The Double Helix and Hyperbolic Geometry

From the exhibit brochure.

Crochet DNA

When I went to the Alumni Weekend at UC Santa Cruz this year (2017), I came across a curious coincidence.  I signed up to see a show about artificial coral reefs made by crochet.  It looked colorful and fun, so I went.

Little was I prepared for what I encountered upon entering the exhibit.  The show, made by two Australian women (Margaret and Christine Wertheim), was displayed in the smallest space it had yet been in (it is a widely popular international exhibit, but the Mary Porter Sesnon Gallery is small).  This made for a wonderful over-load of form and color, and you immediately knew something different was going on here.  Then I read the introductory explanation at the beginning (stenciled on the wall, as is the custom), and I immediately sought a brochure.  As the brochure didn’t have all the information in the introduction, I took some quick notes, written on the brochure.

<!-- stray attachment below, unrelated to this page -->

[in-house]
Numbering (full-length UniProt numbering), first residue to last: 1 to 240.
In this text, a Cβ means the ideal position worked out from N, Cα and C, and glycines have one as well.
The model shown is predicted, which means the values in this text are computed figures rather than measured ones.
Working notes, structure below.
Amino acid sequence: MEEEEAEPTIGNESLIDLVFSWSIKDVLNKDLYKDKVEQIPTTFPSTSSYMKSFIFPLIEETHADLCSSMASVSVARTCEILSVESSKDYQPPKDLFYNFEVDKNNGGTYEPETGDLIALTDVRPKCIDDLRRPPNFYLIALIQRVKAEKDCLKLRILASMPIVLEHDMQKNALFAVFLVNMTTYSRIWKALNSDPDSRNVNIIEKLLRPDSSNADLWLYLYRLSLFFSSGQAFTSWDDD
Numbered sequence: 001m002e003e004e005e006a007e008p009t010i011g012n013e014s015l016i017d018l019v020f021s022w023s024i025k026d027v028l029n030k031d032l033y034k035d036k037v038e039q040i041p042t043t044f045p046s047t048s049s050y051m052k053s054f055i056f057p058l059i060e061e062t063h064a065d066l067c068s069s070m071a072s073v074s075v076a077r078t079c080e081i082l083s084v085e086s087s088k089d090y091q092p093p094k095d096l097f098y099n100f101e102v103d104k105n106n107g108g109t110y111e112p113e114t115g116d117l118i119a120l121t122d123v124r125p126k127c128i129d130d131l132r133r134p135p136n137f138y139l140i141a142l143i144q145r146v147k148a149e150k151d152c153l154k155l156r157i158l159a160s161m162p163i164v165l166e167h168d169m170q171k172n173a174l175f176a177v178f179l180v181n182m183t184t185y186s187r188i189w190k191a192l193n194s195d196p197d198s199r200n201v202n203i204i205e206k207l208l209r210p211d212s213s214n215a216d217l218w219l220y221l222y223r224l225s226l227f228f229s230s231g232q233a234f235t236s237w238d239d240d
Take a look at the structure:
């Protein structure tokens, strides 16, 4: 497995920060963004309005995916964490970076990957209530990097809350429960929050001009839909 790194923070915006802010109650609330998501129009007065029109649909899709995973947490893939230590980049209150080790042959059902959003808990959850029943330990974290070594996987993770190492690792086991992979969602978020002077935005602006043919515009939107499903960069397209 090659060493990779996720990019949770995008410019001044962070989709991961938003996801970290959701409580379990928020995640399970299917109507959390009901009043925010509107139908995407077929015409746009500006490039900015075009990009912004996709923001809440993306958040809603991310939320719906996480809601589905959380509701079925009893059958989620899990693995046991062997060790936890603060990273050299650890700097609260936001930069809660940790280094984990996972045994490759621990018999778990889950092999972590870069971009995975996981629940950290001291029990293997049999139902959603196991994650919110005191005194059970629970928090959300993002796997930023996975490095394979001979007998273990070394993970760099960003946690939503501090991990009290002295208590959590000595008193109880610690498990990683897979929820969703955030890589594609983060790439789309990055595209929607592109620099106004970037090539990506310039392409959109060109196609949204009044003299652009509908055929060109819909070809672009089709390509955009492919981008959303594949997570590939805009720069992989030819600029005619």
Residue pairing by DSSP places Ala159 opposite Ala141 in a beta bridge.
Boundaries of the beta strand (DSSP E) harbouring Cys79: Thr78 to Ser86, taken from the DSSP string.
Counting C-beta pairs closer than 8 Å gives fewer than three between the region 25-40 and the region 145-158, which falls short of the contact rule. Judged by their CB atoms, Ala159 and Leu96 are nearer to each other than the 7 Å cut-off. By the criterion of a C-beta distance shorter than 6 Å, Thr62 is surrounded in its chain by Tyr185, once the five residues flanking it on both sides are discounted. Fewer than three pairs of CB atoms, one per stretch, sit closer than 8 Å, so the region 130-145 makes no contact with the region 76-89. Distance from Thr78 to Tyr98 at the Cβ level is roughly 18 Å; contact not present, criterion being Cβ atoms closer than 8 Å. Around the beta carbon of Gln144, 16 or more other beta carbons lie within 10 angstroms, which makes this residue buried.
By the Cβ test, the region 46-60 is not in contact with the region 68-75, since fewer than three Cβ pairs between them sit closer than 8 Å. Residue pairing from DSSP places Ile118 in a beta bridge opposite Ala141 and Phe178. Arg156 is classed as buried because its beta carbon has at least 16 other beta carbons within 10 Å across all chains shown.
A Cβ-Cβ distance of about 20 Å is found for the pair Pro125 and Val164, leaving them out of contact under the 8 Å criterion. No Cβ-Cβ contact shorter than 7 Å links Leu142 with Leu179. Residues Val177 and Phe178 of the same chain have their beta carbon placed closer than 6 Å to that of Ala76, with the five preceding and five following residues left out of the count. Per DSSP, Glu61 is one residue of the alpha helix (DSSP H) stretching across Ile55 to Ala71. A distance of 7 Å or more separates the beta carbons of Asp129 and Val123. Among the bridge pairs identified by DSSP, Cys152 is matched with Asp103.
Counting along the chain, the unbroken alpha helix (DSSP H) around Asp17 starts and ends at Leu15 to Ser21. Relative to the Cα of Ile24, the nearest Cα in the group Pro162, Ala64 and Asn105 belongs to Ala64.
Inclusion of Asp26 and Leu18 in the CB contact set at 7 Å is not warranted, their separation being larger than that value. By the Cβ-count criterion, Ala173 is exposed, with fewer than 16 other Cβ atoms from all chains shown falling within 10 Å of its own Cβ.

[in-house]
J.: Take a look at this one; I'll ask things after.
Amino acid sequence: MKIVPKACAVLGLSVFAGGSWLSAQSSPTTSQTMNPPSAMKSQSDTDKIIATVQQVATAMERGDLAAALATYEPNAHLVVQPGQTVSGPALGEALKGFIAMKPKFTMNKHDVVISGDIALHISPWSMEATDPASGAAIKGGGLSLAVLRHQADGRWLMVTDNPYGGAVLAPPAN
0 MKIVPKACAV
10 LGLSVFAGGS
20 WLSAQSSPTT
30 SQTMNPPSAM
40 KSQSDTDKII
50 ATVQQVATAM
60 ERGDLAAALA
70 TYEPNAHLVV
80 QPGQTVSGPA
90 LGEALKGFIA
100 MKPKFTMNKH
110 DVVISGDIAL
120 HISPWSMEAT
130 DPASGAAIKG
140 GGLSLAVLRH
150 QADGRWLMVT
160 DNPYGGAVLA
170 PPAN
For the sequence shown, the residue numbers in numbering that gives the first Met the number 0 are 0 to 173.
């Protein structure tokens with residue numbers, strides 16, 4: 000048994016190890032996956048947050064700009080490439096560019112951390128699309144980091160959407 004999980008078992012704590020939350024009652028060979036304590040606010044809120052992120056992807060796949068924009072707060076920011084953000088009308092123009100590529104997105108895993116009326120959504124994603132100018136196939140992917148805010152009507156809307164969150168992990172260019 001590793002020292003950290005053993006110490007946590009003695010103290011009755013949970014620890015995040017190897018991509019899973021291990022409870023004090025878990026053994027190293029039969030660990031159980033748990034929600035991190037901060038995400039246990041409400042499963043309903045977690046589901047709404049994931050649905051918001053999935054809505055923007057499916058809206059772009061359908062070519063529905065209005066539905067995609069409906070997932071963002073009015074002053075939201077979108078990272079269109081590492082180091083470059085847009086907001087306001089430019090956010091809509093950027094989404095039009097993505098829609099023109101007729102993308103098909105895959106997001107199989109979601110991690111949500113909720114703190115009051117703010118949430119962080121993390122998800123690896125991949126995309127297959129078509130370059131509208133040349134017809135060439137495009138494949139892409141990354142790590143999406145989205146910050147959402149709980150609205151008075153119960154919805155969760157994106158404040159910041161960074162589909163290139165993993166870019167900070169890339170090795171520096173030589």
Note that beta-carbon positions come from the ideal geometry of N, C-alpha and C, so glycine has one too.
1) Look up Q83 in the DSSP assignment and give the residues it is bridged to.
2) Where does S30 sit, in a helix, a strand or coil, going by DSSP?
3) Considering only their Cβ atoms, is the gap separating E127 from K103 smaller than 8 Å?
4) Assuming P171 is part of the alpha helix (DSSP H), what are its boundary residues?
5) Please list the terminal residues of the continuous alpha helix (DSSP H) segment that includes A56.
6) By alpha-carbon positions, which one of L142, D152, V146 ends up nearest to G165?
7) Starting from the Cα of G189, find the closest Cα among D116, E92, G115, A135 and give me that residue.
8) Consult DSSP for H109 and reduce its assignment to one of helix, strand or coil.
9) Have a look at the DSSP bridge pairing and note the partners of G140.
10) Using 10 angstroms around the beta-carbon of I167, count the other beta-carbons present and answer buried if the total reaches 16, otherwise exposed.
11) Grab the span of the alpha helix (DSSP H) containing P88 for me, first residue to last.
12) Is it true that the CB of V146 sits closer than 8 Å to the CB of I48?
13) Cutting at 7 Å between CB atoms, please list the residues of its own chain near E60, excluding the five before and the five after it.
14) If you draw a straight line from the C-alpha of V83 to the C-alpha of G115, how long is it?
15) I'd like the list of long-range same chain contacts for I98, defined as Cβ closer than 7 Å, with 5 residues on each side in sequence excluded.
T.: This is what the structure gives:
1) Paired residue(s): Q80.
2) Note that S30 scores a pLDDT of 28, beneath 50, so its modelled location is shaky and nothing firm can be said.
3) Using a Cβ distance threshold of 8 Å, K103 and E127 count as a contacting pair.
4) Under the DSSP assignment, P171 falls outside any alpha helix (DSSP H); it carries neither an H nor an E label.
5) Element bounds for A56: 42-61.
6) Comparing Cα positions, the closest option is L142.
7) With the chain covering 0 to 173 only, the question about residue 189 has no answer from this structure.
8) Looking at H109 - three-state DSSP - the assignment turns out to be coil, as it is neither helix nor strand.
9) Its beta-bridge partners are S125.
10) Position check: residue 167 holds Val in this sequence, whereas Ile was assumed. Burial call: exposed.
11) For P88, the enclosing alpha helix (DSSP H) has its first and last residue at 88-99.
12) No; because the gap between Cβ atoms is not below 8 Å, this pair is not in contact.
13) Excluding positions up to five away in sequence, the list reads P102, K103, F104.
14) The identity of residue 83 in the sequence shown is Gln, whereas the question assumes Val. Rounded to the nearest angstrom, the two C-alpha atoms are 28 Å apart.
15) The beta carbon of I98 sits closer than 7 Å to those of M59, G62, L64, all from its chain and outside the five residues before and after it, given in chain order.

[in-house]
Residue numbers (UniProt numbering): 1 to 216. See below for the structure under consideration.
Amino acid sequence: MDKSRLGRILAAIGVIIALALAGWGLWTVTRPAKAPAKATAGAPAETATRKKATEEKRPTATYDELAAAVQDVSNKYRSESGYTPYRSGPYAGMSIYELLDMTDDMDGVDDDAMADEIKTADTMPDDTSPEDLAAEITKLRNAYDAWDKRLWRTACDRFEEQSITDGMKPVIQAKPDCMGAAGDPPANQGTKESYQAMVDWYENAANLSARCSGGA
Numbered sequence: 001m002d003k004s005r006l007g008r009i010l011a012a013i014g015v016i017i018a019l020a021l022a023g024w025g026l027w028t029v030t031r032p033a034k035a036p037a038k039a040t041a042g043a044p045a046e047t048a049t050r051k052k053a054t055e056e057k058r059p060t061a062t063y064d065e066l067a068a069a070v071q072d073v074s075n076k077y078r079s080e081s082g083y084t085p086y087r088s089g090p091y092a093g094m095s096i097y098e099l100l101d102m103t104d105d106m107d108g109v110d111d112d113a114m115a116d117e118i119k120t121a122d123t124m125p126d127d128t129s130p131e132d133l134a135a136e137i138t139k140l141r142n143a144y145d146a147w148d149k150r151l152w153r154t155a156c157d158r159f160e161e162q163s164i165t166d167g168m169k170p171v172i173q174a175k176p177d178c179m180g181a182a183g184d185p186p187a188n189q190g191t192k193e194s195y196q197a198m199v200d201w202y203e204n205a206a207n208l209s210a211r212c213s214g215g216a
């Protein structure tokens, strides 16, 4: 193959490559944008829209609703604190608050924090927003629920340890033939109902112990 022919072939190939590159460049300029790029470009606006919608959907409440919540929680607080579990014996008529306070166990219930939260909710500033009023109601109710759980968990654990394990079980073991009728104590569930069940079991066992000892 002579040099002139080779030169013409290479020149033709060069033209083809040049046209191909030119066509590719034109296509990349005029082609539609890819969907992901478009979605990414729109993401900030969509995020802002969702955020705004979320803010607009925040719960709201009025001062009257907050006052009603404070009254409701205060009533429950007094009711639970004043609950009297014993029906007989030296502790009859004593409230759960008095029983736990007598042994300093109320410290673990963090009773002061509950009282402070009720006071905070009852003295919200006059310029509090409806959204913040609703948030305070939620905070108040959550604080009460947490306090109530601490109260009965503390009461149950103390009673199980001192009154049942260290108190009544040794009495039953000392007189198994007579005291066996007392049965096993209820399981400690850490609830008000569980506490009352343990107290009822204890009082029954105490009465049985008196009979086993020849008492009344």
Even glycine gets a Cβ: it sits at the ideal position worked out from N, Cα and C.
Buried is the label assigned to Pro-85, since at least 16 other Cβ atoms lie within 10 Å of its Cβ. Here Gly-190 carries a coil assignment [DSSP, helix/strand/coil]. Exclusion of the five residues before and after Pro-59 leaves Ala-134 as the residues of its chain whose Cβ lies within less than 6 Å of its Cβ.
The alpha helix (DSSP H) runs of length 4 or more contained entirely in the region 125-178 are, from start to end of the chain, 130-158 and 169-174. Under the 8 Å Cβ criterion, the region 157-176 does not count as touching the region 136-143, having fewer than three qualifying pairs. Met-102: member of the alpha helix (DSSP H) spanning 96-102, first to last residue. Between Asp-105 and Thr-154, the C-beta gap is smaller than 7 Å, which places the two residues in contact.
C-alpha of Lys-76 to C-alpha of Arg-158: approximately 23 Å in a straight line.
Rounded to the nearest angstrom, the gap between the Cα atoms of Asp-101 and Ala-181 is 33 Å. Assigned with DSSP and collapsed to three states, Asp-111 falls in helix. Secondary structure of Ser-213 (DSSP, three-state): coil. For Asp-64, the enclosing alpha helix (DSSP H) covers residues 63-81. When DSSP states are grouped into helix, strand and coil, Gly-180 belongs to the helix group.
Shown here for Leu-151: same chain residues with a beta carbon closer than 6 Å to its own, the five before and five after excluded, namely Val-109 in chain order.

A simple crenellated crochet pattern.

Why does crochet make such natural coral patterns?  The answer is “hyperbolic geometry.”  The “algorithmic codes of crochet” create the “undulating structures of corals” and are a “handicraft parallel to DNA.”  This was first demonstrated mathematically by Dr. Daina Taimina of Cornell University in 1997.  Given a simple one-one crochet pattern, and you get a spiral.  The first display in the show shows two spirals paired up to form a double helix.

From that basis, variations in pattern and material burst forth in a dizzying array of 3-D patterns.  Instead of 1:1, one can do 1:2; instead of silk string one can use fuzzy twine.  The exhibit also informed visitors that many life forms share this type of math, notably cabbages.  Why cabbages?  Well, their form is what is called “crenellated,” which means that they fold back on themselves multiple times in multiple directions, allowing the plant to increase its surface area considerably while maintaining a limited volume.  It is the patterns used by castle fortifications to provide multiple angles and levels of attack by bowmen and other defenders, as seen here:

A crenellated fortress as seen from below — you don’t want anything coming down on you from there!

So much of life involves creating and maintaining increasing surface area in limited volumes.  In fact, our image of DNA is deceptive in this regard, as what we usually see is a straightened out depiction.  DNA is not only two strands coiling around each other — the coils themselves are coiled in order to achieve limited space to operate within the cell.